Do you ever go through phases with your cooking?
I may go through a Greek cooking phase (natch!)
An American South phase (regularly)
And sometimes, an Asian food phase.
What got me into my Chinese cooking phase was a cookery challenge on another food blog ‘Belleau Kitchen’, where a book and recipe are randomly chosen off one’s bookshelves.
In order to make sure that I didn’t cheat in any way, shape or form I asked my daughter to choose a book with her eyes closed, then open the book randomly, put her hand on a page and I would cook the recipe on that page.
The book she chose was Ching-He Huang’s ‘China Modern’.
And the recipe? Well, you’ll have to wait another day for that.
But that’s how I got into the Chinese cooking phase….luckily Birmingham has a thriving Chinese community, near to the town centre, there are numerous Chinese supermarkets within walking distance, so off I went clutching my pennies, with a vague idea of what I wanted and walked out with spring roll wrappers, wanton wrappers, Chinkiang black vinegar, yellow bean paste, panko breadcrumbs, glutinous rice flour, noodles and a pretty bowl….
Yup, a good haul!
Maybe one or two of these will be used in the monthly challenge….maybe…..:-))
But here’s what I made this time- my first attempt at anything vaguely sushi-ish.
Which were a huge hit in my house, I have orders to make them again! I even had one daughter search in the fridge for them the day after ‘Mom, are there any more of those sushi duck things?’
Here’s the recipe….
Peking Duck Nigiri Sushi
1 large duck breast fillet, skin on (I used 2 smaller ones)
For the marinade:
half a teaspoon Chinese five spice powder
1 tbsp sesame oil
3 tbsp hoi sin sauce
3 tbsp brown sugar
3 tbsp water
1 tbsp dark soy sauce
For the Sushi rice:
150g shortgrain sushi rice, washed until water runs clear
240 ml water
half a teaspoon salt
2 tbsp mirin
1 teaspoon sugar
2 tbsp rice vinegar
2 tbsp hot water
12 fine slices cucumber
12 fine slices spring onion.
Mix marinade ingredients in a bowl, place duck in bowl and leave to marinate for as long as possible, ideally overnight. Unfortunately I left mine in the marinade for all of ten minutes, but it was fine.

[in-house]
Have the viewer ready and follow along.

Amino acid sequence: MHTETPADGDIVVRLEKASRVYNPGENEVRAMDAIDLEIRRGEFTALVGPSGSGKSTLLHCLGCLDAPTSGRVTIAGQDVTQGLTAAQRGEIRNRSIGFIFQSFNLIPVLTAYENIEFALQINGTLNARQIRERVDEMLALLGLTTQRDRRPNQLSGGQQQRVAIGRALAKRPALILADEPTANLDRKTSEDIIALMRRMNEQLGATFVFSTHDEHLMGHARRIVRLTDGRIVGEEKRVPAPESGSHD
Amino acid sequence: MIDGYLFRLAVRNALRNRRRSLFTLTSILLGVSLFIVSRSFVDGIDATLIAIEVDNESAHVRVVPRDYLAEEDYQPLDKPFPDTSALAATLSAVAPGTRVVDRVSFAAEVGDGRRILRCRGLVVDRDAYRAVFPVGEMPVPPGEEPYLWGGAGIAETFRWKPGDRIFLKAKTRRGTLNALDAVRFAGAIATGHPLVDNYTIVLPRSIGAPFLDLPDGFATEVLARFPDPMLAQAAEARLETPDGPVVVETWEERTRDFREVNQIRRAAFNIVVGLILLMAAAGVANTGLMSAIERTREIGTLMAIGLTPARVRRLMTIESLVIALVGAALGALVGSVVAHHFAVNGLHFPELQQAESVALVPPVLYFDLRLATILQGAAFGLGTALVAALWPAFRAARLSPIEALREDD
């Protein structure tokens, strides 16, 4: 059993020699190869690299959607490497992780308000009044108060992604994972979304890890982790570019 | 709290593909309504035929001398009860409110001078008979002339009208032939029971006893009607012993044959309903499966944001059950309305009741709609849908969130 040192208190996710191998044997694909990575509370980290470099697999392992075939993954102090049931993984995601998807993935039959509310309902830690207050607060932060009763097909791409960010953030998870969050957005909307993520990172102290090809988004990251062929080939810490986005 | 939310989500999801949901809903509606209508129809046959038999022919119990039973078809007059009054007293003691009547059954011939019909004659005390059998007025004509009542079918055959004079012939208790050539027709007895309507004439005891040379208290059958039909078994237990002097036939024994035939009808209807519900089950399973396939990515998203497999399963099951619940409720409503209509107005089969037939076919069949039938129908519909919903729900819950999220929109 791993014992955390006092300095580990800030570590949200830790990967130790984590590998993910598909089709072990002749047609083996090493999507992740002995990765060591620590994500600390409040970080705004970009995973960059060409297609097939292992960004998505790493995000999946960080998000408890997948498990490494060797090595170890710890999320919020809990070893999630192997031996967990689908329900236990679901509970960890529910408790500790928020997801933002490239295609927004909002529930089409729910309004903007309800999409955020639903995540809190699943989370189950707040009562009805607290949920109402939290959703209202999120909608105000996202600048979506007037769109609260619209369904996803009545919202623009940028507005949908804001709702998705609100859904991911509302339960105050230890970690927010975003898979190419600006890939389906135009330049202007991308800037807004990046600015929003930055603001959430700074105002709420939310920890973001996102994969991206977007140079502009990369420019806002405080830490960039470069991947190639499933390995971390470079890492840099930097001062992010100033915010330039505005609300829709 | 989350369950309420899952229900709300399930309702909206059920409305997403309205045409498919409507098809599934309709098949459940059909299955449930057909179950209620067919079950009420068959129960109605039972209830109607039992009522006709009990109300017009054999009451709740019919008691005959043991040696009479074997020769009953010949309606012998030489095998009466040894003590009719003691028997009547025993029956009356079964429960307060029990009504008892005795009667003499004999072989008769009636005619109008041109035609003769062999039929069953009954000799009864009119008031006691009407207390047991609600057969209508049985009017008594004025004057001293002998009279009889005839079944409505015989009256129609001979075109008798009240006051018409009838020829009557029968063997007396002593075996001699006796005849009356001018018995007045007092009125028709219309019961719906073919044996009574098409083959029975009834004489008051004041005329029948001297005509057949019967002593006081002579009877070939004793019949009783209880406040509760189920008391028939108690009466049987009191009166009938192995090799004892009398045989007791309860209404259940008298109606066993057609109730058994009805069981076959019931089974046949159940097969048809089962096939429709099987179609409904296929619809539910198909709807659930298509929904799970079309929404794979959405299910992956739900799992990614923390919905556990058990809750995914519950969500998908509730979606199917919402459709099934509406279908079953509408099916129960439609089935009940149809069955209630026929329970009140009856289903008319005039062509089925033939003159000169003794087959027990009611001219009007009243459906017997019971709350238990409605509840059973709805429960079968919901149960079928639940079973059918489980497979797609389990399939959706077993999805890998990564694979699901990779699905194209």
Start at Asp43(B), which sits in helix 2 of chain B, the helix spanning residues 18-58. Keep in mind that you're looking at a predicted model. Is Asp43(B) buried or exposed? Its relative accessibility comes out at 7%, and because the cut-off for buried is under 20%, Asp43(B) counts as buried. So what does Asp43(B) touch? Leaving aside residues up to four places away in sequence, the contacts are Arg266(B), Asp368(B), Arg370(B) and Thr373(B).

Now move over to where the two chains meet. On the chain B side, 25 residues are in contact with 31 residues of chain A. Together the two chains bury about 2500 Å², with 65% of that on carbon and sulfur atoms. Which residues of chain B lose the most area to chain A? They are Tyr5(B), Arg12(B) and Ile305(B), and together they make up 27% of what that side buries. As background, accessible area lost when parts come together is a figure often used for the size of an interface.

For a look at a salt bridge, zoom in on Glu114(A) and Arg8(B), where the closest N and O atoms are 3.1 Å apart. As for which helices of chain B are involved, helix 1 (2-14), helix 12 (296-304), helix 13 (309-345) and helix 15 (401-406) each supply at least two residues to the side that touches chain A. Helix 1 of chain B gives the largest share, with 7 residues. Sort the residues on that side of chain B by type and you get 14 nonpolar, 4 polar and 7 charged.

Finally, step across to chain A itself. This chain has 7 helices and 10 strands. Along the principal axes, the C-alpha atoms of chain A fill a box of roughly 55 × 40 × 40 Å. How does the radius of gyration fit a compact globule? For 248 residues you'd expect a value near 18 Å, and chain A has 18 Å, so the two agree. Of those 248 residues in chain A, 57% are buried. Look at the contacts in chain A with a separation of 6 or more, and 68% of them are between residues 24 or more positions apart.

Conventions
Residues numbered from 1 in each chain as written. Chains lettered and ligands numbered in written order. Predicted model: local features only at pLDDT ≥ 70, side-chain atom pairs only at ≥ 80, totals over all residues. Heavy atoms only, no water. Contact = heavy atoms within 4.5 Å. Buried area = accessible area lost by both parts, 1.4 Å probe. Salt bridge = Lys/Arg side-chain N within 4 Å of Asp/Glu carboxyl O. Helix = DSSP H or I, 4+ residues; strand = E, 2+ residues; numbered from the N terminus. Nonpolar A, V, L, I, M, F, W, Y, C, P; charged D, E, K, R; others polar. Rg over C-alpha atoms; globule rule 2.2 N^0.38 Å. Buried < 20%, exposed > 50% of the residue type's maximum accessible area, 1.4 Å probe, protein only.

Drain the marinade into a pan and bring to a boil, this makes an amazing dipping sauce for the duck, yum, yum!
Preheat your oven to 220 deg. C.
Place duck, skin side down in a wok or grill, cook for 1 minute on both sides until golden-brown. Place on a roasting tray and cook for about 15 minutes.
I let mine cook for 20 minutes as I have an extremely anti-pink-meat husband!
Put the rice and measured water in a pan with a tight-fitting lid, boil the rice until only a little water remains, reduce the heat and simmer for 10 minutes until water is completely absorbed.
Remove from the pan and let it cool down for about 10 minutes, mix the seasoning ingredients in a bowl and pour into the rice, mix with a flat wooden spoon or spatula.
Take a tbsp of the sushi rice and shape into an oval mound (the rice is extremely sticky, so try wetting your hands beforehand, place a cucumber slice on top.
Slice the duck into lovely pieces, place on top of the rice mounds, shove a few into your mouth while no-one’s looking.
Yep, you read right. Oh my Gosh! Are they GOOD!!
Place slices of spring onion on top.
Serve with that yummy dipping sauce.
Serves one. Erm, sorry, serves 4.
An uncomplicated and tasty noodle and minced beef dish.
For the sauce:
250ml chicken stock
3 tbsp hoi sin sauce
2 tbsp Shaosing rice wine or dry sherry
1 tbsp chilli bean sauce
1 tbsp groundnut oil, or other flavourless oil
2 garlic cloves, peeled and finely chopped
350g minced beef
200g dried vermicelli rice noodles (I used ordinary wheat noodles)
1 spring onion, finely chopped
small handful coriander leaves, finely chopped
1 small carrot, finely sliced into matchsticks.
Combine sauce ingredients in a bowl.
Heat a wok over high heat, fry garlic for less than a minute, add beef and fry until browned.
Pour in sauce, bring to a boil and cook for about 4 minutes.
Cook the noodles, drain then divide between 2 bowls, sprinkle over meat sauce, then garnish with spring onion, coriander and carrot sticks.
(I mixed the noodles and meat sauce together)
Both recipes adapted from ‘China Modern’ by Ching-He Huang.